Monthly Archives: March, 2021

Modeling Balls in Play Outcomes with an Ordinal Model


One of my popular activities (besides tennis) has been to model in-play home run rates using a generalized additive model (GAM) where the logit of the home run probability is written as a smooth function of the exit velocity and the launch angle. (I recently used this model in the Home Runs – Beyond Launch Angle and Exit Velocity post.) This modeling has been helpful in my work, but the in-play result actually consists of five possible outcomes — out, single, double, triple, and home run. So it would be of interest to model this multinomial outcome by a smooth function of the launch conditions. There is a relatively straightforward generalization of the logistic model, called an ordered logistic regression, that can be applied for ordered outcomes like the ones we have here.

The purpose of this post is to briefly describe this ordered logistic GAM model, use it to model in-play outcomes from the 2019 season, display the fit of this model, and see if it appears to be a reasonable fit to the in-play data.

Ordered Logistic GAM Model

Let Y denote the ordered in-play event — we’ll let Y values of 1, 2, 3, 4, 5 corresponding respectively to the ordered outcomes out, single, double, triple, and home run. Let P(Y \le j) denote the probability that the in-play event is at most outcome j. The ordered logistic model says that the logit of P(Y \le j) (for any choice of the index j) is a smooth function of the launch variables LA (launch angle) and LS (exit velocity).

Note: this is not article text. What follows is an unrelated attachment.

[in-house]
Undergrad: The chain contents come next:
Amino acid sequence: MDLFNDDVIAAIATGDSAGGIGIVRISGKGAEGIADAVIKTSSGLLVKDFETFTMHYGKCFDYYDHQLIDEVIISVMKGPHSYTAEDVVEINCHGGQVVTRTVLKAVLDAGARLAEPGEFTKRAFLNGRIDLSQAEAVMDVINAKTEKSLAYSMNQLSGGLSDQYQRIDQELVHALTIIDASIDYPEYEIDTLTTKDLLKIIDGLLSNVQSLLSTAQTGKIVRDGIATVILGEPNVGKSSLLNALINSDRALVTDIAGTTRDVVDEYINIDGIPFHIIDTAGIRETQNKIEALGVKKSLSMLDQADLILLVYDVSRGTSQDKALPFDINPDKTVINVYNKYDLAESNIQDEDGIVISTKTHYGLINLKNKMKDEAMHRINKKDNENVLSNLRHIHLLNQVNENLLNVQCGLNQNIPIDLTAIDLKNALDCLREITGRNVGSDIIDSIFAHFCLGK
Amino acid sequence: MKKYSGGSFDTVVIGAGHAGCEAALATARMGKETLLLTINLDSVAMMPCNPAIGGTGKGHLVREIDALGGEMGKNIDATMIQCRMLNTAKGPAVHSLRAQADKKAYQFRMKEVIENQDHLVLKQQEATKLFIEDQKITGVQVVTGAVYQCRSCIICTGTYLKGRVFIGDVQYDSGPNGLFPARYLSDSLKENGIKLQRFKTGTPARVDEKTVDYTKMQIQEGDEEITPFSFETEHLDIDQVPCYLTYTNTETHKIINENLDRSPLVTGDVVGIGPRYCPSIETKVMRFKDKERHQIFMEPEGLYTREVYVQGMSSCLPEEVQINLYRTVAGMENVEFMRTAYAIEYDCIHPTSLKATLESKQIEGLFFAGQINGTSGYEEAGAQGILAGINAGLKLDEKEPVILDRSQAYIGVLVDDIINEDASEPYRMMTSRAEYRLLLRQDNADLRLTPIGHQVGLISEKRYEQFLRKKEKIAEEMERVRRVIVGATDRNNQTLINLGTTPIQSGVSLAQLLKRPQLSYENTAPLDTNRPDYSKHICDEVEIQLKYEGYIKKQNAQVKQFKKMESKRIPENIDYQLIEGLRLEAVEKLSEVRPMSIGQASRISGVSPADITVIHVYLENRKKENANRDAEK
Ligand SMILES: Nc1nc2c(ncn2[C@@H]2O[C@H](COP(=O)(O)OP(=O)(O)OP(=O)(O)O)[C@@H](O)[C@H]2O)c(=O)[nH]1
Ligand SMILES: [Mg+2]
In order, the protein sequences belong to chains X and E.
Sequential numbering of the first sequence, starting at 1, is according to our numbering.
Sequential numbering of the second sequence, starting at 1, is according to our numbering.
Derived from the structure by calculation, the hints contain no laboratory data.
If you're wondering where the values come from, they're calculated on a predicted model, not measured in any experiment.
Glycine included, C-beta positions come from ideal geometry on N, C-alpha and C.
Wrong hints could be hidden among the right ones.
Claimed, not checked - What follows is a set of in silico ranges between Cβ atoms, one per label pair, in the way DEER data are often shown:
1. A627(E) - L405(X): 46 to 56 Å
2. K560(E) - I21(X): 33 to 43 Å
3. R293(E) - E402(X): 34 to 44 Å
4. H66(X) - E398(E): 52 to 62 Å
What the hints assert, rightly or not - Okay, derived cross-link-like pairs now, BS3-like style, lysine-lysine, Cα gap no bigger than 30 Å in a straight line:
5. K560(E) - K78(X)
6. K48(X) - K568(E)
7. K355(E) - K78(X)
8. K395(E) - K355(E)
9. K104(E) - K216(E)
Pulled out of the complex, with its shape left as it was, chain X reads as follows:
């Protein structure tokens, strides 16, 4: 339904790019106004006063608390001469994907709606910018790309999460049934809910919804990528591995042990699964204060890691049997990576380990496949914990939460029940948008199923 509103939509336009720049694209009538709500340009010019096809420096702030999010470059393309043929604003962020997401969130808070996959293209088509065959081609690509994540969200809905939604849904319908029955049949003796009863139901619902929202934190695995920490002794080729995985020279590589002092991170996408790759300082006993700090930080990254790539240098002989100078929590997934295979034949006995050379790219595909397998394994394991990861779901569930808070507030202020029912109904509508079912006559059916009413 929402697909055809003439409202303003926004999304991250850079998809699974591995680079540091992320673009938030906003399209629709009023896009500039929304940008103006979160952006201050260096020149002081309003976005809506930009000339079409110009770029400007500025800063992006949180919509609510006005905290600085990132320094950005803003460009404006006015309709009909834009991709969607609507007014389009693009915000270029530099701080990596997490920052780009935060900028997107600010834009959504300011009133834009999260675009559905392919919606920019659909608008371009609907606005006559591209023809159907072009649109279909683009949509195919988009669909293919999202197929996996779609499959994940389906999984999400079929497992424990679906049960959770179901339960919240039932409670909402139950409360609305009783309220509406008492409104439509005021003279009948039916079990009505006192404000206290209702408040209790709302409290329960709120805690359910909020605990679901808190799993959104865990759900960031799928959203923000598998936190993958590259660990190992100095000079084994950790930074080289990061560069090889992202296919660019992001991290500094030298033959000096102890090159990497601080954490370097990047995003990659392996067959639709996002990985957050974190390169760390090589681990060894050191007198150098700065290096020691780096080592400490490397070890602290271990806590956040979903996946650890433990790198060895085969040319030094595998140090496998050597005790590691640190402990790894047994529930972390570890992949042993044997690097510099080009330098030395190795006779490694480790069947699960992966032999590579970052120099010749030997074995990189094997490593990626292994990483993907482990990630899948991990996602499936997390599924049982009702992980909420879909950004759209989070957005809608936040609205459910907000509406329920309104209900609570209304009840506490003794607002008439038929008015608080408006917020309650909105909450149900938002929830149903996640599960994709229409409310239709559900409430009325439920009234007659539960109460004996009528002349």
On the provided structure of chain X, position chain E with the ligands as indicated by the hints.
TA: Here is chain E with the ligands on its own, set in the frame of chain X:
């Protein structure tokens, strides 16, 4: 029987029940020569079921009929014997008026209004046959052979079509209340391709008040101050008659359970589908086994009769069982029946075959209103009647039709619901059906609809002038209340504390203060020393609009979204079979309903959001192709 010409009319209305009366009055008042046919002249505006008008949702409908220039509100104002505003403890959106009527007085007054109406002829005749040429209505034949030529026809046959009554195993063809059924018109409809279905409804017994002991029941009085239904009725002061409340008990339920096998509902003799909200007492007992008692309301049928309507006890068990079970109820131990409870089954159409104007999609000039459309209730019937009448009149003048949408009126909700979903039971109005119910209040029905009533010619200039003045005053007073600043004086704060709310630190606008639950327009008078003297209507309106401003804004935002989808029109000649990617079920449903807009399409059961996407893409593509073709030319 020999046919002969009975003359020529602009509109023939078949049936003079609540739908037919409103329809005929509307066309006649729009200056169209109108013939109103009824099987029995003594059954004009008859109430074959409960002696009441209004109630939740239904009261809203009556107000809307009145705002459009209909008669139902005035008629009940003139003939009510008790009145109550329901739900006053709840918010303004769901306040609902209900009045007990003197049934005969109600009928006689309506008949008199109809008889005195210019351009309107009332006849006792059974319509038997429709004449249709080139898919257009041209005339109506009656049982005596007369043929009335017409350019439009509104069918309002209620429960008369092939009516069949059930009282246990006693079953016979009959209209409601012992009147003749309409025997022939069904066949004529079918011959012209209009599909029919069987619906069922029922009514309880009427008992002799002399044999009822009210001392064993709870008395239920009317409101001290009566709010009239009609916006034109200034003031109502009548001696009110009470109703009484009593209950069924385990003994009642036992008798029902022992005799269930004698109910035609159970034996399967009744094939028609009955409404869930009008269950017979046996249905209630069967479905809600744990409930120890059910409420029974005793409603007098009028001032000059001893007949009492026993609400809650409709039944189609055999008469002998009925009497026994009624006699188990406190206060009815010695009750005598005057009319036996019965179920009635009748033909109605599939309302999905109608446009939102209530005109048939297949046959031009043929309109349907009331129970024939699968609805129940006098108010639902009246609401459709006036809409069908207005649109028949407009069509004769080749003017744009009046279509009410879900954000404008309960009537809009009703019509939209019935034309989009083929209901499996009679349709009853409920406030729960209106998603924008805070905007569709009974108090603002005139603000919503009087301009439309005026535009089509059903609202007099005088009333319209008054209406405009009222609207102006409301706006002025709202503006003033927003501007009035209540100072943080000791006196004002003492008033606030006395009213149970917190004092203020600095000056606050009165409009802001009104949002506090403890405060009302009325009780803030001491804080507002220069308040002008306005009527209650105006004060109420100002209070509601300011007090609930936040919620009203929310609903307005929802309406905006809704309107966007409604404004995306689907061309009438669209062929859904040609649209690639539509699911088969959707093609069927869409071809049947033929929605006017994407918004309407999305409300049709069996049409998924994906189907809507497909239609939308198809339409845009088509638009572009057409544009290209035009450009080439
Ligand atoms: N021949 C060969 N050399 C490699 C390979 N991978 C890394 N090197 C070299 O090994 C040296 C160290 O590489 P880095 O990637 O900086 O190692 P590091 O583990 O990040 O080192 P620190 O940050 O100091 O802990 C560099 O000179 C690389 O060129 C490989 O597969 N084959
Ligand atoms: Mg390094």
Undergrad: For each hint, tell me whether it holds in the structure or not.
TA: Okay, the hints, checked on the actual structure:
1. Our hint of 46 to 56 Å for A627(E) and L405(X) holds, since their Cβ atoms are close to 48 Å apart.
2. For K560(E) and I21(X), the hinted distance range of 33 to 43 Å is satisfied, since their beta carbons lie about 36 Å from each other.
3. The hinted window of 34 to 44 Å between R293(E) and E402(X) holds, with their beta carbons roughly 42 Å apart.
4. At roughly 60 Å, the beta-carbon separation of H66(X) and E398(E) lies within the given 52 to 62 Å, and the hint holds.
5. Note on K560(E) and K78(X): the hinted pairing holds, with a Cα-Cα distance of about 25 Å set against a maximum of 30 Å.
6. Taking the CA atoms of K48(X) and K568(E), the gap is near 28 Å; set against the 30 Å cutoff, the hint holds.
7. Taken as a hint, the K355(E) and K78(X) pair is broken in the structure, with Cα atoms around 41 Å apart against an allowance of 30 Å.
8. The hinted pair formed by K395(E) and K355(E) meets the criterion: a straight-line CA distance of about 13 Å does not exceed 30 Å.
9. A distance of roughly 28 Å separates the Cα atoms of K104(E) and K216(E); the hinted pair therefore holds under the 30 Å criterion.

\log \frac{P(Y \le j)}{P(Y > j)} = s(LA, LS)

This model is remarkably easy to fit in R using the gam() function from the mgcv package. One first defines a variable Outcome that is equal to 1 through 5 corresponding to the five ordered outcomes. Then a single line of code performs the ordinal model fitting (note the use of the ocat family with R = 5 ordinal outcomes in the function).